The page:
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Writing and Pronouncing Hokkien

Being a primarily spoken language, Hokkien has no standard, universal romanization in the regions it is spoken. Perhaps its most widely accepted romanization is Pe̍h-ōe-jī (POJ), which was developed by Western missionaries.

Writing and Pronouncing Hokkien

Published by The LingoNomad

The use of POJ is not common outside of Taiwan, and there have been numerous attempts to romanize the language. While writing this article, I discovered that there was a Taiwanese linguist who proposed the use of Korean alphabets (Hangeul) to represent the written form of Hokkien, which is incredibly interesting. As someone who is familiar with Hangeul, I find that it may actually work really well because there is a degree of similarity when it comes to pronunciation between Hokkien (in general) and Korean.

Regardless, a main problem in proposing a standard romanization of Hokkien is accounting the variations of the language. Although different dialects of Hokkien are often mutually intelligible, tone and pronunciation variations can cause standardization to be a challenging issue.

However, Hokkien dialects often co-exist and you need not learn a single variant exclusively. For instance, in Taiwan, the Amoy, Quanzhou, and Zhangzhou variants co-exist and many subdialects in different counties lie on the spectrums shared amongst these three major dialects. Whatever the case, acknowledging the different variants of Hokkien may in turn expand your Hokkien knowledge for the better.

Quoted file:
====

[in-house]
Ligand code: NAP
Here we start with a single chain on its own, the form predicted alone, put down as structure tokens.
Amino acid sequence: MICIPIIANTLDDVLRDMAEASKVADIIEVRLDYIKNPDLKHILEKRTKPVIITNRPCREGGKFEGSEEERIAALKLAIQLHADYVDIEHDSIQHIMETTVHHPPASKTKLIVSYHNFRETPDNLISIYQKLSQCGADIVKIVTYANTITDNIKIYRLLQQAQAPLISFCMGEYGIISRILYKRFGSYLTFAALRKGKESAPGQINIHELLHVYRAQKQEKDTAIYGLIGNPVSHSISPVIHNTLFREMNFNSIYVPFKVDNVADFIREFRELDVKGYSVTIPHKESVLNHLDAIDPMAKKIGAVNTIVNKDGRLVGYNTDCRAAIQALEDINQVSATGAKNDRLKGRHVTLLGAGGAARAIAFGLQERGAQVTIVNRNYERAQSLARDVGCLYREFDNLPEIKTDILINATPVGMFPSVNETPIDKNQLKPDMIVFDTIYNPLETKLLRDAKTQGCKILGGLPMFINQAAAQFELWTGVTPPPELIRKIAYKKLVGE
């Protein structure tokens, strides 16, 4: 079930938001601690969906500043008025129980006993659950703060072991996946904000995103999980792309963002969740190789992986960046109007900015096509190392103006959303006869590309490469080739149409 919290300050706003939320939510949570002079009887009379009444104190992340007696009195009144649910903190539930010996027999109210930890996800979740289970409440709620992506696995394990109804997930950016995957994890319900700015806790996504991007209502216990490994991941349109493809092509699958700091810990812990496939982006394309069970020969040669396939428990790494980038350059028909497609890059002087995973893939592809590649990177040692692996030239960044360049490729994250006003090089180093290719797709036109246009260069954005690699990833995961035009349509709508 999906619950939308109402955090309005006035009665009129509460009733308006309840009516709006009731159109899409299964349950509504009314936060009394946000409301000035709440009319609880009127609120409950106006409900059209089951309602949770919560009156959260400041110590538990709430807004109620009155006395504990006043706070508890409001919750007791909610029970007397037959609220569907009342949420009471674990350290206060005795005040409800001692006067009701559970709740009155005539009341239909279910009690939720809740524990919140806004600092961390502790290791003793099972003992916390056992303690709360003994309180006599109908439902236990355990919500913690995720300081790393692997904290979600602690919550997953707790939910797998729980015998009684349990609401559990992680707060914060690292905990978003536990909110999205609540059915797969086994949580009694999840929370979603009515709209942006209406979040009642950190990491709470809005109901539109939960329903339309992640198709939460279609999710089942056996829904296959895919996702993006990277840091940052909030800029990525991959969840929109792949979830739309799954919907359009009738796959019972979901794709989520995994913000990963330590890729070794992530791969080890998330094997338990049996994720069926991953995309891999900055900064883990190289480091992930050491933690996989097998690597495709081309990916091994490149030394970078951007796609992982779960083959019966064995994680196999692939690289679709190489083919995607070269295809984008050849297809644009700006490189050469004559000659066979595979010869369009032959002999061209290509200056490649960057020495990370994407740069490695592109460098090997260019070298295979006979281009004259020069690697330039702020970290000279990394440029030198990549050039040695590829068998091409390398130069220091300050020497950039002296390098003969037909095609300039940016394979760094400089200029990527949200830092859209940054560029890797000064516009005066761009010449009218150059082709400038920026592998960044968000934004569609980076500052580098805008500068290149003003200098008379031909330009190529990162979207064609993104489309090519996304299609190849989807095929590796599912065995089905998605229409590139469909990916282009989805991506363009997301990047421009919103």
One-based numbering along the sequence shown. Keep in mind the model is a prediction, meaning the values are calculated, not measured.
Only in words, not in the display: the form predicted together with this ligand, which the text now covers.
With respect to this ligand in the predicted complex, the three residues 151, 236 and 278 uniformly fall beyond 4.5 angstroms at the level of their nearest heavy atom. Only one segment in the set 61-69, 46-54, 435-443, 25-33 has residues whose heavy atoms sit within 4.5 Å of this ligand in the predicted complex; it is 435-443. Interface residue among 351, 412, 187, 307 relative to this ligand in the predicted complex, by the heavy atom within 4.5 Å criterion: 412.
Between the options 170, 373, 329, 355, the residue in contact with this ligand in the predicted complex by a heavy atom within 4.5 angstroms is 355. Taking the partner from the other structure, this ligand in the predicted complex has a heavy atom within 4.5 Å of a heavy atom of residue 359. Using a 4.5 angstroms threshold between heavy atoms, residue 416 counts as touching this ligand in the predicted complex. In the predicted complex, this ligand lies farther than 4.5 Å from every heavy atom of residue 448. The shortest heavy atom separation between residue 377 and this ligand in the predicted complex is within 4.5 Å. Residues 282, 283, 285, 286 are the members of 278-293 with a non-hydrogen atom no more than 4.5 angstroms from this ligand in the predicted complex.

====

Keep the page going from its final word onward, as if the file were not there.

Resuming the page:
POJ may be suitable for use with Amoy and Quanzhou Hokkien, but it may not accommodate other variants of Hokkien very well. This website proposes a variant of romanization with elements similar to POJ. It will be used consistently in this website, and in developing it, I maintained a few considerations:

  • For it to be as close as possible to POJ, an existing Hokkien romanization.
  • For it to be as close as possible to International Phonetic Alphabets (IPA), a standardized international phonetic notation to represent sounds of a language.
  • For it to be as simple as possible, meaning the use of as few characters as possible to represent a sound. For instance, this website proposes the use of ch instead of chh (which is used in POJ).
  • For it to be as easily typeable as possible, meaning the characters can be typed on a standard English keyboard without the need to set up another. For instance, this website proposes the use of o: instead of   like in POJ (if the character o͘  is unclear, it is an o with a dot on its top right side)

In the first columns of the tables below are the romanized characters of Hokkien that will be used consistently in this website. I have provided an IPA transcription of the characters, with English approximations of their pronunciations. I have also added a POJ column as a point of comparison of the romanizations. Most importantly, I have audios!


Hokkien Examples POJ
a [a] art áng 'red' a
i [i] eerie īn 'to respond' i
u [u] oolong ut 'to iron' u
e [e] end sē 'small' e
e: [ɛ] sell sè: 'thrifty' eⁿ
o [o] own so 'to rub' o
o: [ɔ] song sò:ng 'nice'


Hokkien Examples POJ
b [b] bun bān 'slow' b
c [cɕ] - cān 'storey' ch
g [ɡ] go gáu 'smart' g
h [h] how hāu 'filial piety' h
j [ɟʑ] jug jak 'mark' j
k [k] skate kak 'with' k
l [l] lye lái 'to come' l
m [m] my māi 'do not want' m
n [n] now nàu 'brain' n
p [p] spa pau 'to wrap' p
s [s] sunk sang 'pair' s
t [t] stun tāng 'heavy' t

Aspirated Consonants

Hokkien Examples POJ
ch [cʰ] chai chai 'to guess' chh
kh [kʰ] khaki khai 'to spend' kh
th [tʰ] Thai thai 'overly' th
ph [pʰ] pie phai 'to take a photo' ph

Syllabic Consonants

A syllabic consonant is consonant that can form a syllable on its own.

Hokkien Examples POJ
m [m̩] rhythm m 'not' m
ng [ŋ] song sn̄g 'to count' ng


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This article was last updated on Friday, 3 January 2020, SGT (UTC +8). 

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